• The experts witness statements, which were supplementary to their medical reports had been prepared in conjunction with the claimant’s lawyers.
  • Neither of the experts had any knowledge of the Bolam test for medical negligence at the time of writing their reports.

These criticisms were subsequently dismissed by the trial judge. For example, he stated that both experts “sought to provide independent assistance to the court by way of an objective unbiased opinion” and that they held “no brief” for the claimant with whom they had “no personal relationship.” In addition, he was satisfied that the witness statements merely elaborated on what was contained in the reports. There was nothing on the face of it objectionable to the experts being assisted by an attorney in the preparation of their witness statements.

The judge went on to state that it was for him to determine what weight should to be attached to the experts’ reports - taking into consideration the objections made by the appellants versus the ‘’cogency and relevance’’ of the reports. Having conducted this analysis, he accepted the evidence.

The Judicial Committee observed all the ‘’significant problems’’ presented by the defendants but found no merit in this challenge. Regarding the Bolam test criticism, they observed that the experts are medical experts and not legal experts. Regarding all the other criticisms, they were satisfied that the trial judge gave them proper consideration and weight. Furthermore, he had the opportunity to assess the experts as they were challenged by rigorous cross examination that their evidence was tainted.


This case reiterates the role of an expert in a case, such as the type of conduct/communication permitted by an expert but also what is not expected of them (i.e., certain legal knowledge).

University of Manchester v John McAslan and Partners Ltd [2022] EWHC 2750 (TCC)


This was a breach of contract claim against several construction companies.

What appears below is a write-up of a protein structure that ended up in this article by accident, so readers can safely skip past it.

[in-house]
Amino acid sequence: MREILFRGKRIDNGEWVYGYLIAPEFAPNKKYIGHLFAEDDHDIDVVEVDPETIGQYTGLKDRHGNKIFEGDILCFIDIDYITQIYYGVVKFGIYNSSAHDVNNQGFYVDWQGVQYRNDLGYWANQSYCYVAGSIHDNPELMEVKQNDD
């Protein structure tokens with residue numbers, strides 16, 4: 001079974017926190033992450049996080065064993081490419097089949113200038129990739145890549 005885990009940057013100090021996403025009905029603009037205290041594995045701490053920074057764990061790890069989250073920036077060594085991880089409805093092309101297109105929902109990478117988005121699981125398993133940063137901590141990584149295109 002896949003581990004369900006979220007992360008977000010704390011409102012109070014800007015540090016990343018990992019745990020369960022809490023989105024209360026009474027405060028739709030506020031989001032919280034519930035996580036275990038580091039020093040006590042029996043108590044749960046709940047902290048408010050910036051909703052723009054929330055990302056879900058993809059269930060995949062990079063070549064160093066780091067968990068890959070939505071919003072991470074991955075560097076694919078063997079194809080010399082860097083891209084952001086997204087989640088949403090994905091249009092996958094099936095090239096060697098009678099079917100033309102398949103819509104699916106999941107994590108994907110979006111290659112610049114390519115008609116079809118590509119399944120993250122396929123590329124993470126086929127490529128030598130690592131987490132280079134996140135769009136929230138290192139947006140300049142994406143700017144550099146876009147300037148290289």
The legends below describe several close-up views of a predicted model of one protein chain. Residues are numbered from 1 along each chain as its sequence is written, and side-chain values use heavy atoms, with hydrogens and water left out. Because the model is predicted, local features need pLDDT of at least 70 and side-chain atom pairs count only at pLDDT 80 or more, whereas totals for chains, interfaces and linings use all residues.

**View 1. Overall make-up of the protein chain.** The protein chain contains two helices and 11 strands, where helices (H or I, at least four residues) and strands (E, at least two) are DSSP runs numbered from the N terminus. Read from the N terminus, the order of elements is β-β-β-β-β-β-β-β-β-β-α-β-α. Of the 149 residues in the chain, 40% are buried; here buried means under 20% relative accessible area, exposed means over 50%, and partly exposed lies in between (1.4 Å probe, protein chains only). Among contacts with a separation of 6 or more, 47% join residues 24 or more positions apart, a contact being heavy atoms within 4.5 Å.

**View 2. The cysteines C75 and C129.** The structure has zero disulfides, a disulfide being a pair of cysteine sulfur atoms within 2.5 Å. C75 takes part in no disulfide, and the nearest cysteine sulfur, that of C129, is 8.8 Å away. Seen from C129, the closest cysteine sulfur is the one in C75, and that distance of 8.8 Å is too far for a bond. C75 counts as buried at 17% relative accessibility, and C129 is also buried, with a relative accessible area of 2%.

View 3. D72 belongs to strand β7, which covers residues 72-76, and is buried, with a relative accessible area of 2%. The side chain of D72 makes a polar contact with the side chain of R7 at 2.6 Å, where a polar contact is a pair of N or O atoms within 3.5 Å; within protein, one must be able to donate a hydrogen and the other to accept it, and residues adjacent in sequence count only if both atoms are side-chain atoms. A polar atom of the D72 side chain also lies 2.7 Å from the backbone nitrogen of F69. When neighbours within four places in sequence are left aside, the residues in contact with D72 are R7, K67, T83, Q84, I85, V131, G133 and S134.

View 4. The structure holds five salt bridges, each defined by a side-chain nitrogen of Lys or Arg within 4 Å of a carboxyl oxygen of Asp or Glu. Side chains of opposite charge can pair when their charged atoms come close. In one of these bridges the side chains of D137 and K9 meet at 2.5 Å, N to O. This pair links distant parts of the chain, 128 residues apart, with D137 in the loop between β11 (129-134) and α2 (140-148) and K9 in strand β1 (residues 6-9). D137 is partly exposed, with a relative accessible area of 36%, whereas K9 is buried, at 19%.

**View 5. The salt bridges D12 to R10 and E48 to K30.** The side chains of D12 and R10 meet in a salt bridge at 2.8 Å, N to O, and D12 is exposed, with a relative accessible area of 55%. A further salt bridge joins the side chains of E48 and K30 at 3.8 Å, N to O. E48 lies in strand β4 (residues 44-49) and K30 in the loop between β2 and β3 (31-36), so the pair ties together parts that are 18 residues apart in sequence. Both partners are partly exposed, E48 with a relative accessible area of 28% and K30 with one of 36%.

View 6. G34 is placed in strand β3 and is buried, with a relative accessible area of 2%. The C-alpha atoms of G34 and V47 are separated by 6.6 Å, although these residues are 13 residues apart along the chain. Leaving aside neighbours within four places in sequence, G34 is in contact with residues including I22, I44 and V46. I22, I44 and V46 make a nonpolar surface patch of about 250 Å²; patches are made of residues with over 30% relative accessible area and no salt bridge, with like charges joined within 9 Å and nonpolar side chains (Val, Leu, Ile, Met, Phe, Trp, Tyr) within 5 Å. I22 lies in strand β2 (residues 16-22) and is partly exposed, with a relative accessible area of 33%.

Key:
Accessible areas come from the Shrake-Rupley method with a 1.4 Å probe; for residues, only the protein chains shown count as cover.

The claimant had obtained and disclosed reports from three experts, which addressed alleged defects in the building works carried out by the defendants.

The claimant then decided that they no longer wished to call evidence from those experts. So, lodged an application under CPR 35.4(1) seeking permission to adduce expert evidence from another expert.

This application was challenged by the defendants who stated that this new expert’s view was more favourable to the claimant than the original experts, so their wish to replace the original evidence amounted to “expert shopping”. They submitted that the application should only be granted if the claimant discloses 1) any report, letter, email, note or other document produced by G, C and CB, other than the reports already provided, in which they expressed opinions on the remedial works; and (2) any attendance notes or other documents produced by the claimant's solicitors evidencing the original experts' opinions on the remedial work.


The application was granted by the court.

Expert evidence:

The court took into consideration several principles, including that:

  • The court would usually permit a party to rely on a replacement expert only on condition that the first expert’s report was disclosed.
  • The court would require strong evidence of expert shopping before requiring a party to disclose documents other than the report of a previous expert (such as attendance notes and memoranda made by a party’s solicitor of their discussions with that expert).
  • Where a party sought to change its expert, the court could require disclosure of the first expert’s report even if it would otherwise be privileged.


While this case does not report on expert duty or conduct, it serves as a more informative piece, illustrating the circumstances in which a party can replace its expert and what this is likely to mean for the original expert report (and indeed and other documents highlighting communication between the original expert and the instructing solicitors).

Author: Meera Shah - Content Manager

This article was first published on 28 November 2022